Marie Tharp, oceanographic cartographer, and her contributions to the revolution in the Earth sciences
Cathy Barton, 2002. "Marie Tharp, oceanographic cartographer, and her contributions to the revolution in the Earth sciences", The Earth Inside and Out: Some Major Contributions to Geology in the Twentieth Century, David R. Oldroyd
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In the early 1950s, two American geologists, Bruce Charles Heezen (1924–1977) and Marie Tharp, began mapping the sea floor to improve understanding of ocean-basin geology and to connect the oceans to the continents theoretically. Both were researchers at the Lamont Geological Observatory of Columbia University, now Lamont-Doherty Earth Observatory. Heezen and Tharp used the ‘physiographic mapping’ technique, which makes it possible to relate topographic features to underlying geology. The diagrams mostly utilized light and texture, rather than colour, and were sketched using a hachuring technique. Heezen collected data for research purposes and Tharp used his information to compile their physiographic diagrams. During this process, she confirmed previous predictions when she made an important discovery: a rift on the Mid-Atlantic Ridge. Tharp's visual interpretations of the sea-floor data contributed to the reintroduction of continental drift theory and the 1960s geological revolution. At a time when most women were excluded from scientific careers, Tharp, initially a research assistant, succeeded in this competitive arena. Working with Heezen as a geologist and cartographer, she had an unusual opportunity to participate in the era's exciting discoveries; and her contributions were acknowledged. While their data-gathering activities and analyses stimulated change and contributed to the revolution in the Earth sciences, Heezen and Tharp were not directly involved in the plate-tectonics revolution, but favoured expanding-Earth theory.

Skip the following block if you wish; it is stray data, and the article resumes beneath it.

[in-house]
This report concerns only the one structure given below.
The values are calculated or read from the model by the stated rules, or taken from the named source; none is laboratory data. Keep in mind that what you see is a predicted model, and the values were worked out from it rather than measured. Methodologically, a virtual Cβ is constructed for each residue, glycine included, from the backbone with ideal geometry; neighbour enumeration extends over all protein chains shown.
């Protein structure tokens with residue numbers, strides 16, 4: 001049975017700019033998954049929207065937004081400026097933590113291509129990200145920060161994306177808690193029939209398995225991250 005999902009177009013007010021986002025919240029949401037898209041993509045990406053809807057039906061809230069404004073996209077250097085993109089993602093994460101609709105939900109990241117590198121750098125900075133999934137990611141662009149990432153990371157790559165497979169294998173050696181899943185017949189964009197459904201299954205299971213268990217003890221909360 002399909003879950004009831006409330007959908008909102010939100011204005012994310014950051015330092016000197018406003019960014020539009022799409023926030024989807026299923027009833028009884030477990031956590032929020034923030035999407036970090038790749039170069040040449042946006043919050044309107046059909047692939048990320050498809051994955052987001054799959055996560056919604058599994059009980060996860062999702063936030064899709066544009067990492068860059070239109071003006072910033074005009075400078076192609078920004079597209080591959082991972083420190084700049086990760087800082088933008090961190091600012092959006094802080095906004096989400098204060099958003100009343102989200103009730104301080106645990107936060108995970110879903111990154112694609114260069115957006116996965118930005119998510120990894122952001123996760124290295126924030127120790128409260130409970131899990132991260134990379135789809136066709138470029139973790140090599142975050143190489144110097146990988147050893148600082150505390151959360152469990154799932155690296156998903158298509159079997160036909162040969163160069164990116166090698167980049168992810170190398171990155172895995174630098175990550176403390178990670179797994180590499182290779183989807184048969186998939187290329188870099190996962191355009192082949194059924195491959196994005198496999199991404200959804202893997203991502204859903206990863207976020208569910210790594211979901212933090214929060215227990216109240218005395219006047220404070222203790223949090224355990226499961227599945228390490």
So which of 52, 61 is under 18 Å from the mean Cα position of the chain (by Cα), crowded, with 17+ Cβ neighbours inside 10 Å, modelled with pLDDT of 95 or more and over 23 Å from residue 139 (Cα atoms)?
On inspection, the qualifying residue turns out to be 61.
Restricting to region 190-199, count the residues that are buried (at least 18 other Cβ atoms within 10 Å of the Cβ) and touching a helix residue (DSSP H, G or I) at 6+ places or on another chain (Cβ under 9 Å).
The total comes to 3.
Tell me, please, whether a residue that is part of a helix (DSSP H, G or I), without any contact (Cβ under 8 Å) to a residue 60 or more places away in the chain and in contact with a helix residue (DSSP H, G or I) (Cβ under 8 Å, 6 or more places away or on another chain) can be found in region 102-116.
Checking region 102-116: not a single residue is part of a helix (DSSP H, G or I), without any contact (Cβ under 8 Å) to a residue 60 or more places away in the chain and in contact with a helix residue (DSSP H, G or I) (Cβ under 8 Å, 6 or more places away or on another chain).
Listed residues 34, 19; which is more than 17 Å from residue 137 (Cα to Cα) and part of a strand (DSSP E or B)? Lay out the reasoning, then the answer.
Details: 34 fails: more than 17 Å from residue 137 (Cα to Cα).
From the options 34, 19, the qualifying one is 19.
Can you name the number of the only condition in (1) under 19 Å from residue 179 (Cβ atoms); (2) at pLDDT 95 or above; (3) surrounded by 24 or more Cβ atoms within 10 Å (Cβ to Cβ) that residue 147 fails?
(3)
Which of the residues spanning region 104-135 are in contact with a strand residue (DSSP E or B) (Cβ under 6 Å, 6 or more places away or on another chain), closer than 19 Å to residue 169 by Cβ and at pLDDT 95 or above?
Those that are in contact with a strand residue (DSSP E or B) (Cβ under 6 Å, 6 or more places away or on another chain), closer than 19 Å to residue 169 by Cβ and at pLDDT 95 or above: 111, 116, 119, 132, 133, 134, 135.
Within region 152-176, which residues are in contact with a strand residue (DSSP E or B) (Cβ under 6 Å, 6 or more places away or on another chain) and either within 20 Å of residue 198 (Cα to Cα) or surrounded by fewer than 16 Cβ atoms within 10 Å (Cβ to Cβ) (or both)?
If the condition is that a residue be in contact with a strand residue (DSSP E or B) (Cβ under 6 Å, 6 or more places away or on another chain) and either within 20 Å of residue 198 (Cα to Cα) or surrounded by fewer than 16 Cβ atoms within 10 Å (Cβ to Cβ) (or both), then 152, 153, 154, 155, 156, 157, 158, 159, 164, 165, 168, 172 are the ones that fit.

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This volume is a collection of papers on the history of twentieth century geology, of which eight were presented at a Symposium organized by the International Commission on the History of Geological Sciences (INHIGEO) for the International Geological Congress at Rio de Janeiro in 2000.
The book offers a conspectus of selected developments of twentieth century geology. It has grown from largely a field discipline, chiefly concerned with rocks at the Earth's surface, to one that extends to the planet's interior, and to space beyond. New ideas, instruments, and techniques have extended the scope of earth science to the macro and the micro. Theories abound. One paper raises some of the social and political problems faced by modern geology.
The volume is intended as a prolegomenon to some future synthetic understanding of twentieth century earth sciences. It should appeal to a wide range of geoscientists and historians of science.